6 December 2013
Knox Chitiyo

Dr Knox Chitiyo

Associate Fellow, Africa Programme


ANC leader Nelson Mandela and wife, Winnie, raise fists upon his release from Victor Verster prison after 27 yrs. Photo by Allan Tannenbaum//Time Life Pictures/Getty Images.
ANC leader Nelson Mandela and wife, Winnie, raise fists upon his release from Victor Verster prison after 27 yrs. Photo by Allan Tannenbaum//Time Life Pictures/Getty Images.


To the last, Mandela was a symbol and unifying force not just for his countrymen but also for the wider region and the African continent.

Nelson Mandela was one of the most famous, and certainly the most venerated, leaders of the late 20th century. His life story with its twists and turns, and extraordinary achievements, became the stuff of legend, not just in South Africa and the region but globally too. As his life force gradually ebbed away, it was intriguing to see that many of those who kept a ceaseless vigil outside the hospital included immigrants from Zimbabwe, Mozambique, Nigeria and elsewhere in Africa.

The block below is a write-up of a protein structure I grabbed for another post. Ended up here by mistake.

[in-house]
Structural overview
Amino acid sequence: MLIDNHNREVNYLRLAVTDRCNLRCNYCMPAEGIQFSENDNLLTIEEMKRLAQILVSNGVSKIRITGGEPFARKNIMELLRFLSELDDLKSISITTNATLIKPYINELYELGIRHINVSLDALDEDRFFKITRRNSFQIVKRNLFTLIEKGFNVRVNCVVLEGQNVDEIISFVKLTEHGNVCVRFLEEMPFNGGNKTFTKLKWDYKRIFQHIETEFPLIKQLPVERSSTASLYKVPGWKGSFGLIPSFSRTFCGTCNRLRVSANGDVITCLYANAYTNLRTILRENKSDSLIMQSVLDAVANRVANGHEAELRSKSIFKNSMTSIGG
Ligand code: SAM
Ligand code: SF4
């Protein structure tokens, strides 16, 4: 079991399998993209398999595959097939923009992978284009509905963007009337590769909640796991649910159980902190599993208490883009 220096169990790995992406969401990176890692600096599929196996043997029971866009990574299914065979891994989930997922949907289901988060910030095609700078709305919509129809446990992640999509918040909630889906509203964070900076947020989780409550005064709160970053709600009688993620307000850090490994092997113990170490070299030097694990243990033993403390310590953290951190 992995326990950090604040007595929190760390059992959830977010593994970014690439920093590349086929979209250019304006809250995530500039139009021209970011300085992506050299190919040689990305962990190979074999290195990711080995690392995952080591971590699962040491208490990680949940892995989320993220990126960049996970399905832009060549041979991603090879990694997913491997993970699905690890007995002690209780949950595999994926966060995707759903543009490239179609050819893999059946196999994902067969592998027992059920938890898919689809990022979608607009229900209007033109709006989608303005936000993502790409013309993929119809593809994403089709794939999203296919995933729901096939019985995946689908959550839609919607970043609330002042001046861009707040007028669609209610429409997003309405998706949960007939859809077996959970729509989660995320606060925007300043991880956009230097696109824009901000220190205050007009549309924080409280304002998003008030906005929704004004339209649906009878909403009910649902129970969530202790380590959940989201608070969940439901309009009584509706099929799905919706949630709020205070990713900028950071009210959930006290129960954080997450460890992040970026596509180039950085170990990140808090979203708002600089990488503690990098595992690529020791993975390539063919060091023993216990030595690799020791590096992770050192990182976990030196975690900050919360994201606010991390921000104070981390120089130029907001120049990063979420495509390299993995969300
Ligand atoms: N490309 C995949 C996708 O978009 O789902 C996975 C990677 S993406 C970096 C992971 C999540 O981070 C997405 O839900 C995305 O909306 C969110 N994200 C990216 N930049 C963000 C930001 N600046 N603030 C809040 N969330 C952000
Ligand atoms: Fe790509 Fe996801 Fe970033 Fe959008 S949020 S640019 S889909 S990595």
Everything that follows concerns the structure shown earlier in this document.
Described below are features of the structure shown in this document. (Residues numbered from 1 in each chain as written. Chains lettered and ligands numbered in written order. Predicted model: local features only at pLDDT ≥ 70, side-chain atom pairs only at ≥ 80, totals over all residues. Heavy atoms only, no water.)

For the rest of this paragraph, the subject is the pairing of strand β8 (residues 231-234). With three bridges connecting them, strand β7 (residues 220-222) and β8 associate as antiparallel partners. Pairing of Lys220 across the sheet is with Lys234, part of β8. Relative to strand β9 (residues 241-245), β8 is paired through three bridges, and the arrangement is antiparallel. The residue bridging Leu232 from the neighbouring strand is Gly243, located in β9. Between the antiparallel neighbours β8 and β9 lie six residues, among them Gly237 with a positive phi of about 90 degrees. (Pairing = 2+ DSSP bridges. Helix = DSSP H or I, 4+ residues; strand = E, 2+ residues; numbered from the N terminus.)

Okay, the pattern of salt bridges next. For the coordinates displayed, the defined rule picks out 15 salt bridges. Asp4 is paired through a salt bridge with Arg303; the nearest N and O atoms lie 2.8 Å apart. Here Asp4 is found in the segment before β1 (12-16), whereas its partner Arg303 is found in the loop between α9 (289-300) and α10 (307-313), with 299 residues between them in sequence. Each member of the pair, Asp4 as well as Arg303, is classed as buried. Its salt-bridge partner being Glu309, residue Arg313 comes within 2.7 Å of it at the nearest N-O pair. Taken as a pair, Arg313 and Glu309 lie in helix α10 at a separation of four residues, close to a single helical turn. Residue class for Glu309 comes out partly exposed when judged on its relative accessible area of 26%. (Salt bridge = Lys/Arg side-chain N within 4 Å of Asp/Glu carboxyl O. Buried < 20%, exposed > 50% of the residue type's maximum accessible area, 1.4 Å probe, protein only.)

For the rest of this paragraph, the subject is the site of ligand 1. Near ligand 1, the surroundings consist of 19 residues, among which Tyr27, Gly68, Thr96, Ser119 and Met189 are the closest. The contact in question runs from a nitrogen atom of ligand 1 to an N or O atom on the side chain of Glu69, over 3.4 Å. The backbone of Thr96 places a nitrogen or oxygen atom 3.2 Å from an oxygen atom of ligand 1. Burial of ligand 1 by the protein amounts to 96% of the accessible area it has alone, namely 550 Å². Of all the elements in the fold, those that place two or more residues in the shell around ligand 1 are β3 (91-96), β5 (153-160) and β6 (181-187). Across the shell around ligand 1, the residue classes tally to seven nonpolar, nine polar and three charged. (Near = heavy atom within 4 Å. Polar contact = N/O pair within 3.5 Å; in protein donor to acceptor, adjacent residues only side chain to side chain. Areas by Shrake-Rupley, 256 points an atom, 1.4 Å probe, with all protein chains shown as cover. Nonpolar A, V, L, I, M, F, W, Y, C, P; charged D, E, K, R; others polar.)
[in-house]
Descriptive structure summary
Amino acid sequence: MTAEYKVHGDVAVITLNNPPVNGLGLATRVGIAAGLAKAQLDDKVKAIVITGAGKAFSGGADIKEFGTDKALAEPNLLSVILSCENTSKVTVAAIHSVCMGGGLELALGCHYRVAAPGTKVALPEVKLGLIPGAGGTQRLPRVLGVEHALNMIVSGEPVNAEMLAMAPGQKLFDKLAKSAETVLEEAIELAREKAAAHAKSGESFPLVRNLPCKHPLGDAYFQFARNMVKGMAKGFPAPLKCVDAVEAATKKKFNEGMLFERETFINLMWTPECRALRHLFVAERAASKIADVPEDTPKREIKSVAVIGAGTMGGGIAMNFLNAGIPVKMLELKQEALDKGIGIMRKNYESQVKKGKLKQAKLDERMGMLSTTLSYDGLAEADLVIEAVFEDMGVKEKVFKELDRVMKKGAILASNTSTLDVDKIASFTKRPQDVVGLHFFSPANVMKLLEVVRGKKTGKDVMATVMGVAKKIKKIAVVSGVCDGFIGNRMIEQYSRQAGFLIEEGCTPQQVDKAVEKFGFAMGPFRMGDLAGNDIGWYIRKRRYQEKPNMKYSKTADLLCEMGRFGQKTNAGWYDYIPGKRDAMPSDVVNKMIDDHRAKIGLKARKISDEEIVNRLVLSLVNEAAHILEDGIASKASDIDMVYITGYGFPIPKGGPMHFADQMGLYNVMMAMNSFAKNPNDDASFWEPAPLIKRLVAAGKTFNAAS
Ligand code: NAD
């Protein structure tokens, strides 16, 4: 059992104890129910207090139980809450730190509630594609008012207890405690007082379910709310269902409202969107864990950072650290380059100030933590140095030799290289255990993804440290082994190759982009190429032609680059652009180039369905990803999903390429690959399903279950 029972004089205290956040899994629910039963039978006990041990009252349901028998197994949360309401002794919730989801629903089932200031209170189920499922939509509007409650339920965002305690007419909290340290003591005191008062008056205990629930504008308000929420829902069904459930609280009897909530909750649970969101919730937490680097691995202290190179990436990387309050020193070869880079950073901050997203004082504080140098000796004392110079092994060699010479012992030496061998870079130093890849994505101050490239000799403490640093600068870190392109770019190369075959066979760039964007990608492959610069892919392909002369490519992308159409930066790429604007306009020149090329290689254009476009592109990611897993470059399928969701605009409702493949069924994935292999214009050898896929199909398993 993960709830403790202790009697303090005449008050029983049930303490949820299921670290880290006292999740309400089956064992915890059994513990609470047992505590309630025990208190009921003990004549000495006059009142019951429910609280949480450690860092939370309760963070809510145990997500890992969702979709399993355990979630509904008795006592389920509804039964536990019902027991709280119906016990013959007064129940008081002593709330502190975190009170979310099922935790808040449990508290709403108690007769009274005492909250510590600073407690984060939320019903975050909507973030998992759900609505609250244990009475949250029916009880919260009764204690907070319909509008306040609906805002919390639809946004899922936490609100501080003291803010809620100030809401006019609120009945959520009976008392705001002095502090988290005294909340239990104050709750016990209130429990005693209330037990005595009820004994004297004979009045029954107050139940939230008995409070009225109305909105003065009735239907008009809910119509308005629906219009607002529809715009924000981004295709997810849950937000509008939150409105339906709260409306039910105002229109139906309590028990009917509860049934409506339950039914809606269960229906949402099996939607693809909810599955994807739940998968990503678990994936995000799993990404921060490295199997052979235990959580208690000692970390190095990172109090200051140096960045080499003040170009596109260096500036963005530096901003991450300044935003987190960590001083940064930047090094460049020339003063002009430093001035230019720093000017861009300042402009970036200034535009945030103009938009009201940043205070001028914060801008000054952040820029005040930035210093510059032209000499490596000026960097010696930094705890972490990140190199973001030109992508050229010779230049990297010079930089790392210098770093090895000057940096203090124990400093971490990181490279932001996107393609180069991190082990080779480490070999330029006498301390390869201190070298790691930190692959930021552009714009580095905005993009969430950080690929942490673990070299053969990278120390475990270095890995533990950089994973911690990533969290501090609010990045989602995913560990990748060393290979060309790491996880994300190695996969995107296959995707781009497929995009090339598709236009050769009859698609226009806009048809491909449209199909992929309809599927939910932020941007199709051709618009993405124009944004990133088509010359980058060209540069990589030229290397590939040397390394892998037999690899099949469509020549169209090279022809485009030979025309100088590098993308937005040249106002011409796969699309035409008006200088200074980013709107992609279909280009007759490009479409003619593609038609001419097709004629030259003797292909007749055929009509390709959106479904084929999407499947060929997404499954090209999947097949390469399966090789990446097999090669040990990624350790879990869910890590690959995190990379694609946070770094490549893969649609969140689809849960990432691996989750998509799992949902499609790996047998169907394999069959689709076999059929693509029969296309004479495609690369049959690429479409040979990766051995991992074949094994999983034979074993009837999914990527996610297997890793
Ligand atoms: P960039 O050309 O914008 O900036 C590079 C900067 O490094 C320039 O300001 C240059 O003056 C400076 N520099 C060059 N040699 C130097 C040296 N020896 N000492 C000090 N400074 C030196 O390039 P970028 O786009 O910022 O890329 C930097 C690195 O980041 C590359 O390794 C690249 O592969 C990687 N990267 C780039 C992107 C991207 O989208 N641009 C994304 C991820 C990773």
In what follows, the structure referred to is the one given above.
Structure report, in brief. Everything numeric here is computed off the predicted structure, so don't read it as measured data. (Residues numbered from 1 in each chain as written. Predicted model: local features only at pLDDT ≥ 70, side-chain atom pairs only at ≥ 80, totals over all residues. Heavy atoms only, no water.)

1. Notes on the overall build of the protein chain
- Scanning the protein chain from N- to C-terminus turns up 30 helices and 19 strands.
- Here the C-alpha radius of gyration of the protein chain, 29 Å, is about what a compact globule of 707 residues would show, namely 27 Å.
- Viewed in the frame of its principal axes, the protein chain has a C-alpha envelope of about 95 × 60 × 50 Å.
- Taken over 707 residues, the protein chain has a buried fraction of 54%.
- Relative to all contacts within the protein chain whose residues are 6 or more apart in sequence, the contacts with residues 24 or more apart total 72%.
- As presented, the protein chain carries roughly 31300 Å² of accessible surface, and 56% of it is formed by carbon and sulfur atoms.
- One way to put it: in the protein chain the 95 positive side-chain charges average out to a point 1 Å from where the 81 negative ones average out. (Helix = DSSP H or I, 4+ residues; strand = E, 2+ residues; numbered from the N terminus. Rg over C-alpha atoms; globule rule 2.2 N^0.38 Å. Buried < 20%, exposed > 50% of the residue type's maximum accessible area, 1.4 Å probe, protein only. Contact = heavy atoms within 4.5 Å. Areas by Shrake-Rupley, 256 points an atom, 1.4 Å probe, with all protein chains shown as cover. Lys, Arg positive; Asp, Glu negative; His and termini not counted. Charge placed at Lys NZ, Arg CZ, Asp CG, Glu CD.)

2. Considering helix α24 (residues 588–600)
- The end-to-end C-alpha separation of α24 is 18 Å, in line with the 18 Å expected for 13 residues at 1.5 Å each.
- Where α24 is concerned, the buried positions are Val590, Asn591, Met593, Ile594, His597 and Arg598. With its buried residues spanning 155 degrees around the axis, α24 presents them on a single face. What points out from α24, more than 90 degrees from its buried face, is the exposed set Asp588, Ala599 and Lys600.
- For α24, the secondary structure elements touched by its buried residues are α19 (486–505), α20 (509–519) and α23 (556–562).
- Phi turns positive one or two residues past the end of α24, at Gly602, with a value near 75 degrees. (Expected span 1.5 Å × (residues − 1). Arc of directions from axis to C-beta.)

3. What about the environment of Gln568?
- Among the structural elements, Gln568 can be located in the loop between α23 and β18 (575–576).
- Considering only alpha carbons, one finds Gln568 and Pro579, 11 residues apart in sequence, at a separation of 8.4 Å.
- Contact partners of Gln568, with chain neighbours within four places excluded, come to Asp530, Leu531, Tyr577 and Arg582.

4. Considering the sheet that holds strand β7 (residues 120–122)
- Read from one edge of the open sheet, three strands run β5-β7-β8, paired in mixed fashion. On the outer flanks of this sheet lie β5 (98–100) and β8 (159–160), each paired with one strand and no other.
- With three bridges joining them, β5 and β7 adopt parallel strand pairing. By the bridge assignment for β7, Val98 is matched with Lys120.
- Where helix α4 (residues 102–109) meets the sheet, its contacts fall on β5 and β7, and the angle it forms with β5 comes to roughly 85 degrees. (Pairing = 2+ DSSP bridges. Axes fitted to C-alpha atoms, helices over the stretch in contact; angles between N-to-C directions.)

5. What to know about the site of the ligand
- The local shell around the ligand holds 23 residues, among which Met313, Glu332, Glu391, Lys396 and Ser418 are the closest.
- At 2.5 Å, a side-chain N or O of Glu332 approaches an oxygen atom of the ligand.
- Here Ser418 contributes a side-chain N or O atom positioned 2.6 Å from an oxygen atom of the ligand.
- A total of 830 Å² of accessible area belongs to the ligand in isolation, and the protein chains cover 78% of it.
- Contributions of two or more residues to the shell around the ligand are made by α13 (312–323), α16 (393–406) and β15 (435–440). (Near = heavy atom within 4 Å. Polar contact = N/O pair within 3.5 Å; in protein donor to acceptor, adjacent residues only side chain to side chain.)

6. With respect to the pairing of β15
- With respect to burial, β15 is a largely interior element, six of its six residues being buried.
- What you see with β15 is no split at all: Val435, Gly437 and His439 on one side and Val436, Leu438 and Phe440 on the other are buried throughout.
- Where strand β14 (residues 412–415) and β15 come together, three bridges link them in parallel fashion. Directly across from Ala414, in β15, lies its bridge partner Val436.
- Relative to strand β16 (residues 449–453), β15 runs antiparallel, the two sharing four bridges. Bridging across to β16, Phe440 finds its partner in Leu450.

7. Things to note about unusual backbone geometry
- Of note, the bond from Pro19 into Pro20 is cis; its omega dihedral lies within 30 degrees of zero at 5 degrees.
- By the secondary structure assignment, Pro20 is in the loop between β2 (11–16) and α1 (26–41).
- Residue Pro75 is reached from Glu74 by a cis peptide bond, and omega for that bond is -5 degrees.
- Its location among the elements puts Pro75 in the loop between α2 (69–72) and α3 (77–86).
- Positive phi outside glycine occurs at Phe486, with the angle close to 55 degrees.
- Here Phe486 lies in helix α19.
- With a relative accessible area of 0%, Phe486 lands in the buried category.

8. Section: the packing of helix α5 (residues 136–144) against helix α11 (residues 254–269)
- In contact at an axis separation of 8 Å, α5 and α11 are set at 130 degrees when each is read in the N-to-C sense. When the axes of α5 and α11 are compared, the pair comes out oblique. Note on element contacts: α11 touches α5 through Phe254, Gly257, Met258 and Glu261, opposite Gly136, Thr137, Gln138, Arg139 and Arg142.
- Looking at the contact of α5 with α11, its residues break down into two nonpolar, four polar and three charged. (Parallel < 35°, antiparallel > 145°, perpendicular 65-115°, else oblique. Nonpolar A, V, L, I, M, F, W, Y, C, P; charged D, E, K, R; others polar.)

I cannot say that I knew Mandela well. I only saw and met him, fleetingly, a couple of times: first when he came to Zimbabwe in the mid-1990s and later in South Africa. Both times it was impossible not to be impressed by his strong handshake, vivacity and the extraordinary sense of dignity with which he carried himself and which he accorded others. During this time, and right up to the end of his presidential tenure, Mandela faced the immense and linked challenges of nation-building at home, re-inserting South Africa as a constructive player in the regional architecture and bringing South Africa back into the global community of nations after decades of isolation.

Mandela’s pivotal role in the creation of a democratic South Africa needs little elaboration; less assessed has been his legacy in the region. The fascination with his 27 year imprisonment, the internal talks in the transitional period between his release in February 1990 and his inauguration as the first president of a democratic South Africa, as well as his subsequent presidency, have all tended to obscure his regional impact, which began long before he became president.